Read More About Herniated Cervical Disc

Radial Nerve Palsy

The radial nerve is the largest nerve in the upper limb. It starts in the shoulder and travels through the forearm to the back of the wrist. It has nerve fibers from C5, C6, C7, C8, and T1 nerve roots. Radial nerve palsy = damage to the radial nerve which affects the muscles the nerve goes to, creating weakness in those muscles, clinically presenting with wrist drop….the inability to extend the wrist. But the radial nerve innervates many muscles of the upper arm and forearm. When injured, nerve recovery varies widely taking weeks, months, and in some cases years to recover. Addressing the underlying…

Read More About Radial Nerve Palsy

Thoracic Degenerative Disc Disease

Degenerative disc disease is a clinical condition that refers to the gradual deterioration of the discs located in the thoracic spine and the associated symptoms. Pain, weakness, muscle spasms, and restriction in range of motion are common. Degenerative disc disease can occur at each level of the spine: cervical, thoracic, and lumbar. Studies have demonstrated that degenerative disc disease in the thoracic spine most commonly occurs in the third to fourth decades (1) and occurs most frequently in the lower thoracic segments from T7-T12. Thoracic degenerative disc…

Read More About Thoracic Degenerative Disc Disease

Thoracic Outlet Syndrome

The thoracic outlet is an area around the collar bone where the nerves that come from your neck meet up with the blood vessels from your heart and together supply the entire upper extremity (shoulder and arm). These blood vessels (subclavian artery and vein) and nerves (brachial plexus) travel from the base of your neck to your armpit (axilla) and are considered the “thoracic outlet”. Now that you know what the thoracic outlet is, what is thoracic outlet syndrome? Simply listening to a patient’s history and completing a physical examination is all that is needed to diagnose TOS. But more involved imaging such as X-rays…

Read More About Thoracic Outlet Syndrome

Wrist Tendonitis

Wrist tendonitis, also known as tenosynovitis, is a condition characterized by inflammation of the tendons surrounding the wrist joint. This inflammation typically results from repetitive stress, overuse, or injury, causing the tendons to become irritated and swollen. Common contributing factors include activities that involve repetitive wrist movements, such as typing, manual labor, or sports-related motions. Additionally, sudden increases in activity level or improper ergonomics may play a role in the development of wrist tendonitis. As the tendons become inflamed, they can rub against the…

Read More About Wrist Tendonitis
Show More

Signs And Symptoms Of Cervical Radiculopathy By Location

Cervical radiculopathy can cause different symptoms in various parts of the arms and hands, depending on which nerve root is affected. Here’s a list of the different cervical nerves and the radiculopathies that result due to their compression:

C5 Radiculopathy

C5 radiculopathy, or compression of the C5 nerve root, can affect abduction of the shoulder, where the arm cannot be lifted away from the body. This is because the C5 nerve innervates the levator scapula, rhomboid major, and minor rhomboid muscles which elevate the shoulder.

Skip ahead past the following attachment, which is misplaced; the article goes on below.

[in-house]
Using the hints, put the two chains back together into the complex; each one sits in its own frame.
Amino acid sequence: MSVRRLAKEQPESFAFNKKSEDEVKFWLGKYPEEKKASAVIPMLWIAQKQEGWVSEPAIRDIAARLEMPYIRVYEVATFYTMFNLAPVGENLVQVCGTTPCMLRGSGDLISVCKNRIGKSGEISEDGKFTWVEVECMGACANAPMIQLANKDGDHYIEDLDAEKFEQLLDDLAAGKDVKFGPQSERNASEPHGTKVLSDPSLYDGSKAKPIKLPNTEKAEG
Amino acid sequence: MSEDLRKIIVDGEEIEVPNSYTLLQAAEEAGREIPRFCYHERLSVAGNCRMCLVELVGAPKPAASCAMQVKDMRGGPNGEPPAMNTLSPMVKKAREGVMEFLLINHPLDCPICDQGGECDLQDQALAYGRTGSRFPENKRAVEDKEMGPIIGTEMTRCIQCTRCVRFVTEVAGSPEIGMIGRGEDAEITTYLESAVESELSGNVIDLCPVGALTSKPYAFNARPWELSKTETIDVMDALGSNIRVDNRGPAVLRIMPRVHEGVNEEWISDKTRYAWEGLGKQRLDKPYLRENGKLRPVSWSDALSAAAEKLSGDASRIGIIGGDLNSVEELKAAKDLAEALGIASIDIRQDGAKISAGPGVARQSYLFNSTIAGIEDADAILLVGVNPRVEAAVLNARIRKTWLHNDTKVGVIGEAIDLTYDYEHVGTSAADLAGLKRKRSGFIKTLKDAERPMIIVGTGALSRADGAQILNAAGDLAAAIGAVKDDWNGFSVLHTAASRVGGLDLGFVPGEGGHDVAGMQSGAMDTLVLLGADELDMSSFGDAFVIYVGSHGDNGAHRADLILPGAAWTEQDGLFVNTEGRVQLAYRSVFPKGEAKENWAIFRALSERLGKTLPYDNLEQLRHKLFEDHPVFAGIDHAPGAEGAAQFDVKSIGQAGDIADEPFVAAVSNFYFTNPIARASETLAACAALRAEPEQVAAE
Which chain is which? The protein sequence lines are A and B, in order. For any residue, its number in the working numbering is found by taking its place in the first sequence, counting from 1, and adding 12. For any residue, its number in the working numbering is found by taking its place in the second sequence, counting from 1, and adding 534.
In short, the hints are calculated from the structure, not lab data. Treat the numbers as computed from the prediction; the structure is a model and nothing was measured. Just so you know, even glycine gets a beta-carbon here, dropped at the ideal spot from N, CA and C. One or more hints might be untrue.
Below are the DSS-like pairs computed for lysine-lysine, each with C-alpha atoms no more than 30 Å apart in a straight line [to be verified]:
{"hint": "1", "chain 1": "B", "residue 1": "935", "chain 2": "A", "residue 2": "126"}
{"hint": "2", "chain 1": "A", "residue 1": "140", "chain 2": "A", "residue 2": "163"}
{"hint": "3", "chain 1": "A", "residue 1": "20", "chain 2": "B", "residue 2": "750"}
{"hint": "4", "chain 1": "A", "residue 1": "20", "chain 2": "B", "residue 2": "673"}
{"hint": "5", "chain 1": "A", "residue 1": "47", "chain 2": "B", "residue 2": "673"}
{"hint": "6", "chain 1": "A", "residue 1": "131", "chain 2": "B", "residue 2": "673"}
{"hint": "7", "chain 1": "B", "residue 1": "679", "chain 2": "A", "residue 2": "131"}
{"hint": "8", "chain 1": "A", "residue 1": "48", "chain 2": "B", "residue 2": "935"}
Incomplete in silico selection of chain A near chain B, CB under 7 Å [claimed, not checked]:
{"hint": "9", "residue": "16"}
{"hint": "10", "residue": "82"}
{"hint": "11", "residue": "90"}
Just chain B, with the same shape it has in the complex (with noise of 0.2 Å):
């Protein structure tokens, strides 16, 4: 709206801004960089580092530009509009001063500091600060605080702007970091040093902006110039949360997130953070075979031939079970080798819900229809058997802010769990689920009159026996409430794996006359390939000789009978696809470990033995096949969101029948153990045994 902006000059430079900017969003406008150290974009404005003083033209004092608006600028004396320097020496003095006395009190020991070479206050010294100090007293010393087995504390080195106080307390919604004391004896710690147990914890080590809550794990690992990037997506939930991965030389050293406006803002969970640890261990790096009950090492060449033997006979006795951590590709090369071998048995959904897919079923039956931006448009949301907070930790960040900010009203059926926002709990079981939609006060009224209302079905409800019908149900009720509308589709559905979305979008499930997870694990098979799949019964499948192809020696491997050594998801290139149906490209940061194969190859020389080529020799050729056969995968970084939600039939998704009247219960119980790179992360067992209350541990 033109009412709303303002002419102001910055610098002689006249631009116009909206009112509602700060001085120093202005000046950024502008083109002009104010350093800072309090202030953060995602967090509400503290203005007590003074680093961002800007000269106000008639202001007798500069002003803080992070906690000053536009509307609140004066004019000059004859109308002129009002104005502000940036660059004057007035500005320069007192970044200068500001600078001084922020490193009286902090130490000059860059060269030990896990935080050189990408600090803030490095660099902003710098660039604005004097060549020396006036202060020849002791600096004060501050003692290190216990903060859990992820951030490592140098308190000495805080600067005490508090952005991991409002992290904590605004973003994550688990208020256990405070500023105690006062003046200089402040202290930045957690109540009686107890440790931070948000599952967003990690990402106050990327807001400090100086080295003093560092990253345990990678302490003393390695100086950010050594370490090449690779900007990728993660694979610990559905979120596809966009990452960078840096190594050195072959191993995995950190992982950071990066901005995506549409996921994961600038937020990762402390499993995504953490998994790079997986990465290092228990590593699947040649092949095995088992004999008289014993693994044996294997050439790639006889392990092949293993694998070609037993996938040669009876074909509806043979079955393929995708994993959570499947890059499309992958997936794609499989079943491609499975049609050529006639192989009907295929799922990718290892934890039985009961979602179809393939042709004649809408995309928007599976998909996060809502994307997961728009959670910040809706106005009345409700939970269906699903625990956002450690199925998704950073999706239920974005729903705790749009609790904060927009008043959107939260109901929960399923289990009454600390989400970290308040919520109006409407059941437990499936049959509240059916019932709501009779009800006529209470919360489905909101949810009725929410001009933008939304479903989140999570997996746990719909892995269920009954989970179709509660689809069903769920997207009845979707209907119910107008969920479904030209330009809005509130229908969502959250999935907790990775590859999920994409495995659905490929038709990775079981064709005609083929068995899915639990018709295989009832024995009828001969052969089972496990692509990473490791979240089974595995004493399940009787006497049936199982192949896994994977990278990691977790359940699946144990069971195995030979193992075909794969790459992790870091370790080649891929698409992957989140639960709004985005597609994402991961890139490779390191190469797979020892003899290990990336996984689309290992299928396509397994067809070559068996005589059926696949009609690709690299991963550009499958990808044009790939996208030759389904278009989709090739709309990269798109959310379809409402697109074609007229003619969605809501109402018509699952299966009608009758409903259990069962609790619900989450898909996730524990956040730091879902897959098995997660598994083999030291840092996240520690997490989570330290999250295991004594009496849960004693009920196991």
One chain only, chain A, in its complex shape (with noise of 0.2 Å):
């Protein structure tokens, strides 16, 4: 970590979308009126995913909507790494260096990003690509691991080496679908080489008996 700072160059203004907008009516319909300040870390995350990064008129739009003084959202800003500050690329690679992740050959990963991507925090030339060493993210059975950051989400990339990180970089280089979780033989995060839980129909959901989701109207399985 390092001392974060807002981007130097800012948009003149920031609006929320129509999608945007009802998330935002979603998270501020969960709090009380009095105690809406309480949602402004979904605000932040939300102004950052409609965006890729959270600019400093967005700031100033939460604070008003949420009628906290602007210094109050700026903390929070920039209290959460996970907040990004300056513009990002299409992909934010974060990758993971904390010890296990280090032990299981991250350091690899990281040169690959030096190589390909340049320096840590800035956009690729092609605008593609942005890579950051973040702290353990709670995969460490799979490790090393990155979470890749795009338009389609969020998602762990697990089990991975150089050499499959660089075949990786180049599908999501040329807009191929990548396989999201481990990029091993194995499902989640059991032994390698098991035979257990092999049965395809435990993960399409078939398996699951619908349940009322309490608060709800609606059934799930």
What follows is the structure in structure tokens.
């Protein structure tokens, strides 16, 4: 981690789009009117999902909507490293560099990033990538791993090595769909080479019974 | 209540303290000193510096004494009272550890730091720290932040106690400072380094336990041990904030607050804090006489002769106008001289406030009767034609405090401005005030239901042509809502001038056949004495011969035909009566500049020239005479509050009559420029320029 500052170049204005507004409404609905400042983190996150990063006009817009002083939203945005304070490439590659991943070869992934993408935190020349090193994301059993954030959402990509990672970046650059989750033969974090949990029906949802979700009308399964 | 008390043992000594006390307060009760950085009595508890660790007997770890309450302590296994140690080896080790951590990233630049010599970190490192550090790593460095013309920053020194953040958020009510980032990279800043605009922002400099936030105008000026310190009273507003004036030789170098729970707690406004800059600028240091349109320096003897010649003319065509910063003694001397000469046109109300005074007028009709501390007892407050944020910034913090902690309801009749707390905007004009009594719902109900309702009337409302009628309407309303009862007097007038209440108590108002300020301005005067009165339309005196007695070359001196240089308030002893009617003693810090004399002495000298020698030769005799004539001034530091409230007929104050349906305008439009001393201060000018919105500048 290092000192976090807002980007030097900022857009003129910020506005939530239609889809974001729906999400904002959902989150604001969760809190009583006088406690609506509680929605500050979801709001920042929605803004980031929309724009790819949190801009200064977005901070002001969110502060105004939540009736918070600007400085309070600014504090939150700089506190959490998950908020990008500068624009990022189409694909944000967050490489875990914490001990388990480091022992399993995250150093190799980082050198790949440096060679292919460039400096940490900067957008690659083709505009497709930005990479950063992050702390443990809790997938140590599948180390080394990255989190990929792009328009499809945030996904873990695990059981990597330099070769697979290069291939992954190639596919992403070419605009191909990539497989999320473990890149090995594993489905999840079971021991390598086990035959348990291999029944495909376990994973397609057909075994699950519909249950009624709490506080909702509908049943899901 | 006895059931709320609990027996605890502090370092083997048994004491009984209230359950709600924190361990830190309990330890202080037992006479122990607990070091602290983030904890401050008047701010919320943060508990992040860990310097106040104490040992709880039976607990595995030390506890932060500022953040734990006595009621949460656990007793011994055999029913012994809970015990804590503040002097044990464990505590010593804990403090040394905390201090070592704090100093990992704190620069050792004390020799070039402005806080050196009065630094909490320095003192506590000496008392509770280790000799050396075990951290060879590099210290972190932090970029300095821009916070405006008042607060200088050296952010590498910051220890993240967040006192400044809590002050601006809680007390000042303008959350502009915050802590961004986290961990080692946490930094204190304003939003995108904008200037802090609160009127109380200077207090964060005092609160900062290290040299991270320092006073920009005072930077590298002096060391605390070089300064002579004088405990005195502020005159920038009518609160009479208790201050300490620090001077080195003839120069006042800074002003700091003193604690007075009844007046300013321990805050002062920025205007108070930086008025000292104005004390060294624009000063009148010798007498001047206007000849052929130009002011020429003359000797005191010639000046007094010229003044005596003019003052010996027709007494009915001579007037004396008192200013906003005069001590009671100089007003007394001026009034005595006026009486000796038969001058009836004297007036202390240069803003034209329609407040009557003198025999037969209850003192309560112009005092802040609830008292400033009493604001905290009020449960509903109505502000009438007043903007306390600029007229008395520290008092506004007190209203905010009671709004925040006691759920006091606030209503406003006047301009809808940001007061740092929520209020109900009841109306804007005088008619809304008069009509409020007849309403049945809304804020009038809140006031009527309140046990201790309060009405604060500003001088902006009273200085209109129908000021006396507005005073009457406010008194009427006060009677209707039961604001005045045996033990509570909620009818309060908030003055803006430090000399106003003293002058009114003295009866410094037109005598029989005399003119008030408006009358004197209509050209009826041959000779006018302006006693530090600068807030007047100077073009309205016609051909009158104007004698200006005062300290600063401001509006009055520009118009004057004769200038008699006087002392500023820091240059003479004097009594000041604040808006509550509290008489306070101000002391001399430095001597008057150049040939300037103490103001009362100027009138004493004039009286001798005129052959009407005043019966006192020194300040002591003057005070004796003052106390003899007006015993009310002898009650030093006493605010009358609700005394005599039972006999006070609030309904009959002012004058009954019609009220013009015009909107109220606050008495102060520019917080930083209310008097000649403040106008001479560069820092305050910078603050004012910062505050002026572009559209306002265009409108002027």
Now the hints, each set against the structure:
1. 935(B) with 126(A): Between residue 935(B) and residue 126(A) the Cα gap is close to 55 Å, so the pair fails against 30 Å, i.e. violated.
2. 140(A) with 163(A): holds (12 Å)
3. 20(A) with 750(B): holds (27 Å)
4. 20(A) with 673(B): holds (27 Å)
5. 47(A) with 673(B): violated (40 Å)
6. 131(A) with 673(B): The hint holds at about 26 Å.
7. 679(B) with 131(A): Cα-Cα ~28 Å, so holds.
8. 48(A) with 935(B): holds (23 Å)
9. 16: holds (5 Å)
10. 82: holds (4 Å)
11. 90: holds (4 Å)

Additionally, since this nerve supplies the deltoids and biceps, people with C5 radiculopathy may experience decreased sensation, a feeling of pins and needles in fingertips, or numbness in the area over the biceps and the shoulder area.

C6 Radiculopathy

C6 radiculopathy, or compression of the C6 nerve root, can affect elbow flexion and wrist extension as this nerve root innervates the lateral arm and forearm. The muscles of the lateral arm and forearm are responsible for elbow flexion and wrist extension. Elbow flexion takes place with stimulus from a conjunction of nerves C5, C6, C7.

Compression of the C6 nerve root can lead to a loss of sensation and the feeling of pins and needles in the arm, palm, index and middle finger, and wrist.

C7 Radiculopathy

C7 radiculopathy, or compression of the C7 nerve root, can affect elbow extension and wrist flexion as this nerve root innervates the small area over the middle finger and the triceps. The triceps are responsible for elbow extension.

The sensory impairment of C7 commonly overlaps with C6 because they supply a shared area of the wrist of the middle finger and movement of the wrist and elbow. Both C6 and C7 radiculopathy can present with loss of sensation, pins and needles sensation, and altered wrist movements in this area.

C8 Radiculopathy

C8 radiculopathy affects thumb extension. It innervates the medial hand, forearm, and finger flexors. Compression of the C8 nerve root will lead to pins and needles sensation in this region and an inability to flex the fingers. The extensor digitorum, the thumb extensor, is innervated by the posterior interosseous nerve which is a branch of radial nerve coming from C7 and C8.

How Does Cervical Radiculopathy Cause Pins And Needles In The Fingers?

 Cervical radiculopathy can cause sensory changes in the arm and forearm due to compression of one or more nerves as they exit the spine.  At each level of the spine a nerve exits the spinal column through a boney doorway called the neuroforamen. The nerve then travels to a specific area such as the shoulder or forearm.  Any condition that narrows the nerves pathway away from the spine can lead to nerve irritation or compression.